Cognitive Distraction While Multitasking in the Automobile


Driver distraction is a significant source of motor-vehicle accidents. Most of the time we take driving for granted. But operating an automobile is the riskiest activity that most readers of this chapter engage in on a regular basis. In fact, motor-vehicle crashes were the leading cause of accidental deaths in the US in 2008 and are the leading cause of all deaths for people between the age of 1 and 35.

In fact, in 2010, the NSC estimated that the 28% of all crashes on the roadway were caused by the use of a cell phone to talk, dial, or text while driving (National Safety Council White Paper, 2010).

A Framework for Understanding the Sources of Driver Distraction

There are three sources for driver's distraction: visual, manual and cognitive. These three sources of distraction can operate independently; that is, interacting with different devices can result in competition from one, two, or all the three sources. There are two additional factors that are important to consider in discussions concerning driver distraction and crash risk. The first factor is the duration of an activity that is concurrently performed while driving. For example, changing a radio station may place demands on visual and manual resources, but the duration of that impairment is relatively short (e.g., 5 s or so).The second factor to consider is the exposure rate of an activity. The more drivers that engage in a distracting activity, the greater the impact to public safety.

The cell phone is a relatively modern invention that has been in common use for less than 20 years. Over this period, use has skyrocketed, and as of 2010, more than 90% of the US population now carries a cell phone. Using a cell phone while driving has become commonplace, with 85% of drivers reporting that they use a cell phone while concurrently operating a motor vehicle (National Highway Transportation Safety Administration, 2006). And, as mentioned above, current estimates suggest that at any time during the day, more than 10% of drivers on the roadway talk on their cell phone. Even more alarming is that 2 out of 10 drivers who use a cell phone report that they have bumped into a person or object because they were distracted (Pew Internet and American Life Project, 2010).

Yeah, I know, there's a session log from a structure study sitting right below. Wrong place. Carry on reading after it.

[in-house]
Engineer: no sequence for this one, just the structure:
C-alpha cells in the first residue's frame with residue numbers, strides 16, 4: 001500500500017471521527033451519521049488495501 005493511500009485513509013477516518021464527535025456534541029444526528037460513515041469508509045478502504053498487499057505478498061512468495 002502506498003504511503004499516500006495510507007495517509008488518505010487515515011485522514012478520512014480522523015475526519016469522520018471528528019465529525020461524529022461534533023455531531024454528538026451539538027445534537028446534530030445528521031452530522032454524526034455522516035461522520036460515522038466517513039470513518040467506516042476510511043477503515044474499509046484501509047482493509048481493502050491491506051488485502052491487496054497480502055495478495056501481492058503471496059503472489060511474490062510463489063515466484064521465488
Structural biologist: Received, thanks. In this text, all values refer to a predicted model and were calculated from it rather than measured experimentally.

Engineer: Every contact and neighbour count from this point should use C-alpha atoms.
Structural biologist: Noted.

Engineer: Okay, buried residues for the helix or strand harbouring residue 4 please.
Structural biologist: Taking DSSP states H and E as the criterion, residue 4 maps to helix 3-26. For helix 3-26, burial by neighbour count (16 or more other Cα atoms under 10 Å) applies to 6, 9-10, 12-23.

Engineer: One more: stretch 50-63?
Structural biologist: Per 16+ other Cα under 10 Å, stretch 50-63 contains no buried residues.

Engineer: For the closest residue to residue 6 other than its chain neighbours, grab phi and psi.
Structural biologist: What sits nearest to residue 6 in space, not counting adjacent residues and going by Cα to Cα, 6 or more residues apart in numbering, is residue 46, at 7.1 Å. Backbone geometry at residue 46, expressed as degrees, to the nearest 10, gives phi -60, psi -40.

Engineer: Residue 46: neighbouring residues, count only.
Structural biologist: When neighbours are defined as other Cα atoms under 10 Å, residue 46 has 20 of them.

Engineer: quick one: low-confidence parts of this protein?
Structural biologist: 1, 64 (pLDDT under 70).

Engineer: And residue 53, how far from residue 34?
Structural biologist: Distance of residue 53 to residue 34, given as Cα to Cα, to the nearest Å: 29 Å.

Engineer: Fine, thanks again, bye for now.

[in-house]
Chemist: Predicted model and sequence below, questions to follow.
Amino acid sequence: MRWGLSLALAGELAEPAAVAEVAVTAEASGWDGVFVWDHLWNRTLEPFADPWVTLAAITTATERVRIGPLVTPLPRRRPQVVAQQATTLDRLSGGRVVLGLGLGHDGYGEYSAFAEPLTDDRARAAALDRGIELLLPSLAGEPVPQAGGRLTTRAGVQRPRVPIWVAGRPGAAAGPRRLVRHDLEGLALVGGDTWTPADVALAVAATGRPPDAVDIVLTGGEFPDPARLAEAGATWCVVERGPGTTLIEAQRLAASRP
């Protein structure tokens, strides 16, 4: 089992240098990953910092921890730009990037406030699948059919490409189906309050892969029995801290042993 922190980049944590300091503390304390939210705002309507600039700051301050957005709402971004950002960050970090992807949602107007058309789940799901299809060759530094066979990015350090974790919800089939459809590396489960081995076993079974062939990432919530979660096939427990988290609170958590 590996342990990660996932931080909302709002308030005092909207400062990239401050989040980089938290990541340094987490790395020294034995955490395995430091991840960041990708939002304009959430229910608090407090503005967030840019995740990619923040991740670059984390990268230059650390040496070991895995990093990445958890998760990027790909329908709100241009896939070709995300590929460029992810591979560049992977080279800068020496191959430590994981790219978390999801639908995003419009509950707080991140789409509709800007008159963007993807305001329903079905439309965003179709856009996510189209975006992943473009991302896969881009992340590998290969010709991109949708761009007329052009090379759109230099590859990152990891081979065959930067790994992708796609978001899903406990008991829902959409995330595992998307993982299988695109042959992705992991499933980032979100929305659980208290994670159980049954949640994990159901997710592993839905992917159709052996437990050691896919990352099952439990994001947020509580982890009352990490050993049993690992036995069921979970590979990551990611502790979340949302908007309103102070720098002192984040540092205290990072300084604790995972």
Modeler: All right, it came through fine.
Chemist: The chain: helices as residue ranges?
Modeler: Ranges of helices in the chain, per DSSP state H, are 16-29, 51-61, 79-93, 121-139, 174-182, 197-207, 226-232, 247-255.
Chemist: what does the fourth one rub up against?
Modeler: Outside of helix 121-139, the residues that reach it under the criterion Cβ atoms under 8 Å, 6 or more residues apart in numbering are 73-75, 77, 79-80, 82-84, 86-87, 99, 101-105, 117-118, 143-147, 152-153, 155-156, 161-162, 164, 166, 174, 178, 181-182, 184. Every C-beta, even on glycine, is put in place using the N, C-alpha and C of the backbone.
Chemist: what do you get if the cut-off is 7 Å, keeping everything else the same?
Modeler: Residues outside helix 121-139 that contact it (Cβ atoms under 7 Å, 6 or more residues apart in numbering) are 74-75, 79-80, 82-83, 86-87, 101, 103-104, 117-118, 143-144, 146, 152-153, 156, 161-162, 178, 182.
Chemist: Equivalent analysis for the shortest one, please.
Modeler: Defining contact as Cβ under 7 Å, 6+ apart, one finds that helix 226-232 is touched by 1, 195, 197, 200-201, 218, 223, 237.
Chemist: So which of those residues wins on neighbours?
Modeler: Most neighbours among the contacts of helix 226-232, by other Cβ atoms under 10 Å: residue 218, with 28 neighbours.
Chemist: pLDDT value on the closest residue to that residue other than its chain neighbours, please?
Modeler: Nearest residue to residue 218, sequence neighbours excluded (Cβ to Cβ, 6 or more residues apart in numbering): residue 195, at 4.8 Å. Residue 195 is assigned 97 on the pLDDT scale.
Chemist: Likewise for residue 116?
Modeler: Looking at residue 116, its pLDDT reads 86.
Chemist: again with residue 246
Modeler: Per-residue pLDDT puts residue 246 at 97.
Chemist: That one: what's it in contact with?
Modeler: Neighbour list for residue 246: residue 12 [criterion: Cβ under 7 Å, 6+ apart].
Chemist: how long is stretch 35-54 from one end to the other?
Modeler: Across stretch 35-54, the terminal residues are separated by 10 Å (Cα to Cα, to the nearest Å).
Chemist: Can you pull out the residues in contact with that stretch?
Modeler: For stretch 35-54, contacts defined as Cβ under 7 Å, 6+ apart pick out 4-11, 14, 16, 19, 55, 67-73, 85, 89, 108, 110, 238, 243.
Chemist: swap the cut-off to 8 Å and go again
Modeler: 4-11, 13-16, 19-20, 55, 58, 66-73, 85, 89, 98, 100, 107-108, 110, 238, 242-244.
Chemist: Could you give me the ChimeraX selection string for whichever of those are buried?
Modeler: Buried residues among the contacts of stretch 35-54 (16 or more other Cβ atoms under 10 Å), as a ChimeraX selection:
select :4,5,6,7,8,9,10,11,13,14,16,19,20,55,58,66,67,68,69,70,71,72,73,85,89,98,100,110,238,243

Do Cell-Phone Conversations Increase the Crash Risk?

In one study, were observed over 1700 drivers as they approached a residential intersection with four-way stop signs. We determined through observation whether the drivers were or were not using their cell phone as they approached the intersection and whether they came to a complete stop (as required by law) before proceeding through the intersection. From the observation was shown that from 1638 drivers who weren't using their phone, 1286 of them stopped at the intersection. Meanwhile from 110 drivers who were using their phone, only 28 stopped at the intersection. Observational studies have a high validity. After all, it is real driving and if a cell phone is in use, it is a real conversation. It is possible that those drivers who regularly use a cell phone are willing to engage in more risky activities and that this increase in risk taking also leads drivers to engage in more risky driving behaviors such as running stop signs.

The studies go further in examining the differences in driving performance of the hand-held cell-phone driver with that of the hands-free cell-phone driver. The analyses show that the performance of drivers engaged in a cell-phone conversation differs significantly from that of the non distracted driver and that there is no safety advantage for hands-free over hand-held cell phones. Analysis indicated that Reaction Time in each of the dual-task conditions differed significantly from the single-task condition at each decile of the distribution, whereas the distributions for hand-held and hands-free conditions did not differ significantly across the deciles. There is no safety advantage for hands-free over hand-held cell phones during the driving. 

In Albania during 2010 there have been 1564 motor-vehicle crashes where there were injured 2069 people and 353 people did not survive the accident. In 2013 the number of crashes on roadway was 2056 where 273 people did not survive the accident. From government annual reporting we can say that the main causes of motor-vehicle crashes are the missing signs on the road, not obeying the roadbook and the driver distraction.